Hacker Hijacks Satoshi Nakamoto's Email, Threatens to Reveal All

A hacker appears to have access to Satoshi Nakamoto's online accounts and old emails, but their intentions are unknown.

AccessTimeIconSep 9, 2014 at 2:55 a.m. UTC
Updated Sep 14, 2021 at 2:04 p.m. UTC

The bitcoin world is abuzz with speculation that some of Satoshi Nakamoto's online accounts have been compromised, concerned a hacker could potentially access information concerning the bitcoin creator's true identity or use the accounts to defraud key members of the bitcoin community.

Wired reported that the alleged hacker had posted on Pastebin that they would reveal key details of Nakamoto's identity if 25 BTC were sent to a specified bitcoin address. While small donations have been coming in, the address still appears well short of that mark.

Administrator 'theymos' of the Bitcoin Talk forum (aka Michael Marquardt) a key figure in bitcoin's online community, posted just after 9pm (BST) on 8th September, alerting the community of the development, writing:

"Today I received an email from satoshin@gmx.com (Satoshi's old email address), the contents of which make me almost certain that the email account is compromised. The email was not spoofed in any way. It seems very likely that either Satoshi's email account in particular or gmx.com in general was compromised, and the email account is now under the control of someone else. Perhaps satoshin@gmx.com expired and then someone else registered it."

"Everyone knows that Bitcoin runs on drama, so this should do wonders for the recent price slump!" theymos added later.

Shortly after, another mysterious message appeared on the P2Pfoundation's 'ning' message board, as a reply to Nakamoto's original introduction to bitcoin. The post was sent from the Satoshi Nakamoto account, but appeared to warn him of what was happening:

"Dear Satoshi. Your dox, passwords and IP addresses are being sold on the darknet. Apparently you didn't configure Tor properly and your IP leaked when you used your email account sometime in 2010. You are not safe. You need to get out of where you are as soon as possible before these people harm you. Thank you for inventing bitcoin."

Bitcoin's source code page on SourceForge also redirected to anti-bitcoin troll site 'buttcoin’, although it was later returned to its original state (it would still be prudent to not download anything from that particular page, however).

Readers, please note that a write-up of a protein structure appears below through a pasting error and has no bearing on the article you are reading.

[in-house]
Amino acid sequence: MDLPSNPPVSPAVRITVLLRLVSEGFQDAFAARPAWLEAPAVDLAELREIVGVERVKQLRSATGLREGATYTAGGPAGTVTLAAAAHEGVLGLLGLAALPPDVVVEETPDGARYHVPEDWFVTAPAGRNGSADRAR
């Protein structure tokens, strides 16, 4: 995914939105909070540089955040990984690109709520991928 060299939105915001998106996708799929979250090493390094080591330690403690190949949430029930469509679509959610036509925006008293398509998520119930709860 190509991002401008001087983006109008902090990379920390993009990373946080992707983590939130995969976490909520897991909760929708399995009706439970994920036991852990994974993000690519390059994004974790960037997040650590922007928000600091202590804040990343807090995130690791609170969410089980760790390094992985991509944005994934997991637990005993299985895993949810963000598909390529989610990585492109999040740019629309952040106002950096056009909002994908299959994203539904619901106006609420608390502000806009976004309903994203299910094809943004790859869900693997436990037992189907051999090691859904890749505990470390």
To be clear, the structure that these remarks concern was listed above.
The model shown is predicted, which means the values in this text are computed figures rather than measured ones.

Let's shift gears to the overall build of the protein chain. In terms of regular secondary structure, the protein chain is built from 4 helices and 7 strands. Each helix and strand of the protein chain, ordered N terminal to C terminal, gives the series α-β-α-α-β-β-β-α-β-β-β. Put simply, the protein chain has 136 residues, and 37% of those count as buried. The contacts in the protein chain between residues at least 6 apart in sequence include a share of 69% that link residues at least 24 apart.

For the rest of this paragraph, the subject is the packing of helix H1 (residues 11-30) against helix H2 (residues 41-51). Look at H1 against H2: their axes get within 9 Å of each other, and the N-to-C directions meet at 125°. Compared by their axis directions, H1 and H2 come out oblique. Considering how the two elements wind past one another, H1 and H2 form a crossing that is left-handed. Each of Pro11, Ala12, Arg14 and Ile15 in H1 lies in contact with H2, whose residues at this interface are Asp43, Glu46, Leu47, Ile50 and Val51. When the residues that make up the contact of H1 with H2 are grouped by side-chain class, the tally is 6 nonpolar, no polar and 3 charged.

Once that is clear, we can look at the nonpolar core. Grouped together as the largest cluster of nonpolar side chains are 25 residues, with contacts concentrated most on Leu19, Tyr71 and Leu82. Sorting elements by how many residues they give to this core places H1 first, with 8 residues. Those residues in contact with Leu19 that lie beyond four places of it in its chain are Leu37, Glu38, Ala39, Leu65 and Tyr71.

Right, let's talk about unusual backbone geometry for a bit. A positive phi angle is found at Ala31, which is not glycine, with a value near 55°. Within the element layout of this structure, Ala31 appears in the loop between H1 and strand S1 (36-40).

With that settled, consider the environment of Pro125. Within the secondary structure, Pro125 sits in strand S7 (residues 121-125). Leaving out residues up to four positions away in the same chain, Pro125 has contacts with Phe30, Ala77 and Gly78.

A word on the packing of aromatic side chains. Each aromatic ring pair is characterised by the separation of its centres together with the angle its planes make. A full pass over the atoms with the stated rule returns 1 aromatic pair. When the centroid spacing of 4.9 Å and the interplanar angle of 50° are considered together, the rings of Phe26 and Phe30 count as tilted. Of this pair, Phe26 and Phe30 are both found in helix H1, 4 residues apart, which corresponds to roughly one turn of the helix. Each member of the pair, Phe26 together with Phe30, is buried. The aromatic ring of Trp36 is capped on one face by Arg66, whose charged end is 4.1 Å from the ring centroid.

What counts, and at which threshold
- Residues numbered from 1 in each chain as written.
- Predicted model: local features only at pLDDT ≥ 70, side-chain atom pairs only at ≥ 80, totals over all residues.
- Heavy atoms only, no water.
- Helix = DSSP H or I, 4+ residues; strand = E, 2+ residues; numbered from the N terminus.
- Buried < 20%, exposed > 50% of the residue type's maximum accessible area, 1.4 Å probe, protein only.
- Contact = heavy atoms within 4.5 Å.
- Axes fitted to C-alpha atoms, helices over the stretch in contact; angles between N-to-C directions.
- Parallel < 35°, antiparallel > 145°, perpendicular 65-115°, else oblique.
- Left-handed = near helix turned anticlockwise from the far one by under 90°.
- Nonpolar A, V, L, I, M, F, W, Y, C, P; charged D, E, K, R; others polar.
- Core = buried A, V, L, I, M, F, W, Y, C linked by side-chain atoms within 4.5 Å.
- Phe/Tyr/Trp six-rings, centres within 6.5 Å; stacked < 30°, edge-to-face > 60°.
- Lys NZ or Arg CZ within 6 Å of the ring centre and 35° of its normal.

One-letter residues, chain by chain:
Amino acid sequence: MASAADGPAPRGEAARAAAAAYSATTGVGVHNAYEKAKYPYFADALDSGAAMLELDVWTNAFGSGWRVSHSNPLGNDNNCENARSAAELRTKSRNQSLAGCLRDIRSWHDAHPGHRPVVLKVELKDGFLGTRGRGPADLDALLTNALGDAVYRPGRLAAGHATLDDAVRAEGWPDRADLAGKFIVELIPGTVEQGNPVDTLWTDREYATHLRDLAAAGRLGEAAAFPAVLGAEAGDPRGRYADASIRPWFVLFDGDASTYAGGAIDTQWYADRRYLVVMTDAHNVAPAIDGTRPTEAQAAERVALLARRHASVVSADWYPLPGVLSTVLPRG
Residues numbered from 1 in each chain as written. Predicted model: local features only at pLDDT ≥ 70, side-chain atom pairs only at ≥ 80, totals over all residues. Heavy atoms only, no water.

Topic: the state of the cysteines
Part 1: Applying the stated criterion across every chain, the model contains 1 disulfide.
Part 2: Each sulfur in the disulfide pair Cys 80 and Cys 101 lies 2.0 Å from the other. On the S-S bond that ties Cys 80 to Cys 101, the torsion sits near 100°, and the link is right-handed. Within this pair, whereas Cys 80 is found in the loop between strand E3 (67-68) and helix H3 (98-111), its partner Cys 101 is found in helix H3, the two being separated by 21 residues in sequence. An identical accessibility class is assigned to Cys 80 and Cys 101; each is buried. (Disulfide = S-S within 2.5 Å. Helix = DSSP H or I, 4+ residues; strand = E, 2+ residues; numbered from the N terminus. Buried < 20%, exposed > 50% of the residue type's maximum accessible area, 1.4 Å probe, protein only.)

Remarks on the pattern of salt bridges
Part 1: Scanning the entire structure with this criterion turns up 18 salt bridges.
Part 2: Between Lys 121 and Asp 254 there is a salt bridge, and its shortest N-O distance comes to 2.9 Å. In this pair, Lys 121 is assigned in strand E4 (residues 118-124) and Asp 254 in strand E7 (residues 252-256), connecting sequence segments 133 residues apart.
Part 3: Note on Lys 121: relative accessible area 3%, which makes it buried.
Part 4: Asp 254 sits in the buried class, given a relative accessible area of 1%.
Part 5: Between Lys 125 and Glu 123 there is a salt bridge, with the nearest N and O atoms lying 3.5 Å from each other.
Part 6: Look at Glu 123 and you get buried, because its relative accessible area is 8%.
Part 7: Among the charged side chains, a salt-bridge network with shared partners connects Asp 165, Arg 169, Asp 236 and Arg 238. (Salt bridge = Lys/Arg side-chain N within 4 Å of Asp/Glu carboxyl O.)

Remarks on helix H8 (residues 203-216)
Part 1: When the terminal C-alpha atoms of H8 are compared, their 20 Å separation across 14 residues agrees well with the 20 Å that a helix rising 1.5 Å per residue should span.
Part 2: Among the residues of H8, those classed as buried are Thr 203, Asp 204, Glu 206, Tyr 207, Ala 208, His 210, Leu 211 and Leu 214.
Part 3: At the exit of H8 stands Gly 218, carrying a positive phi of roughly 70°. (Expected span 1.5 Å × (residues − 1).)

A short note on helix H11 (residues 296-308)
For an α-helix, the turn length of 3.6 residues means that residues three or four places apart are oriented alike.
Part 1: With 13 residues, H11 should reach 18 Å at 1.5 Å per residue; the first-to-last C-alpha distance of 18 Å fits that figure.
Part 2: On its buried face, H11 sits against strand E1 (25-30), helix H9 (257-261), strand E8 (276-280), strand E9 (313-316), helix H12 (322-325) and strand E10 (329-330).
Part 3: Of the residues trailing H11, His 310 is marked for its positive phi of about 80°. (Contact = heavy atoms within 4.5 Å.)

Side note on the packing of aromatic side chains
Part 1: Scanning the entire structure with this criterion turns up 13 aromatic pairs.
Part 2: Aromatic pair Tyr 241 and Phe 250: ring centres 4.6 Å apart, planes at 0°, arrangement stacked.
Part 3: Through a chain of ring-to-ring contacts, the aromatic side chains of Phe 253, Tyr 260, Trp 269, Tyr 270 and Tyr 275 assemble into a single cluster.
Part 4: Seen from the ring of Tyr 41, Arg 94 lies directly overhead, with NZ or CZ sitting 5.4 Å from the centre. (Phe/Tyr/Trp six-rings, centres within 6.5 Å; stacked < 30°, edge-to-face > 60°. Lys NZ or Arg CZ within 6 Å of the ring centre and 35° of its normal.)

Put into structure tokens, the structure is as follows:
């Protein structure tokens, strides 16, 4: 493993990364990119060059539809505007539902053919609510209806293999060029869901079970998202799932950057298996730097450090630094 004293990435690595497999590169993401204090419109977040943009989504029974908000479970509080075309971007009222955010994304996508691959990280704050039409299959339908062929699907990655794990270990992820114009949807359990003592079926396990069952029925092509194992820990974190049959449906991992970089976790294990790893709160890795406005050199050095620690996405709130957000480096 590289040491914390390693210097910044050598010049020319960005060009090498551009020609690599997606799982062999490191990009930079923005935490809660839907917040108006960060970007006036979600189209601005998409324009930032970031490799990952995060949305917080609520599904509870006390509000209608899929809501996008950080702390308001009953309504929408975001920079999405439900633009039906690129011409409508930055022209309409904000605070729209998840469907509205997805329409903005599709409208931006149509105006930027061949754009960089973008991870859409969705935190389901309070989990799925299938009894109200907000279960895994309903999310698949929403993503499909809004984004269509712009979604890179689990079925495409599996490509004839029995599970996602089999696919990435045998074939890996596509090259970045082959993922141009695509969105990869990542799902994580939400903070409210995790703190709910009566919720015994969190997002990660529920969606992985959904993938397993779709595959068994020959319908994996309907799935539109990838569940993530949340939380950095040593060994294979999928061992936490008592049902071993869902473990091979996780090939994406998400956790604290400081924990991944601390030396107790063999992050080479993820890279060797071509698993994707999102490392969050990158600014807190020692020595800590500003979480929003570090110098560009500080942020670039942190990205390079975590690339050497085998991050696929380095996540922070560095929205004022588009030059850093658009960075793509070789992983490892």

Hacked or expired?

Many suggested the gmx.com address Nakamoto used had simply expired after a period of time and had been claimed by someone else.

However, bitcoin core developer Peter Todd wrote on Twitter roughly four hours after theymos' original post that whoever controlled the email address also appeared to have access to Nakamoto's email history, putting paid to the 'expired' theory.

– Peter Todd (@petertoddbtc) 9 Sept 2014

Nakamoto, however, 'retired' from active participation in bitcoin in April 2011, and the hacker has not presented any evidence they have access to emails from before then.

Satoshi's identity and fortune

Satoshi Nakamoto's true identity is bitcoin's core enigma, not just because the creator of the world's most successful cryptocurrency experiment remains anonymous after nearly six years, but because bitcoin's rising price would make that person extremely wealthy.

Some analysts say Satoshi Nakamoto's bitcoin fortune could be as much as 1 million BTC, spread over a series of wallet address and the result of mining from bitcoin's earliest days. Bitcoin enthusiasts have monitored these addresses closely in the hope of uncovering clues – but so far none of the funds have been touched, adding to the mystery.

They remain untouched as of press time. Any movement of those original coins on the open market would likely have an impact on bitcoin's price.

CoinDesk will continue to monitor this developing story and add details as they come to hand.

image via Shutterstock


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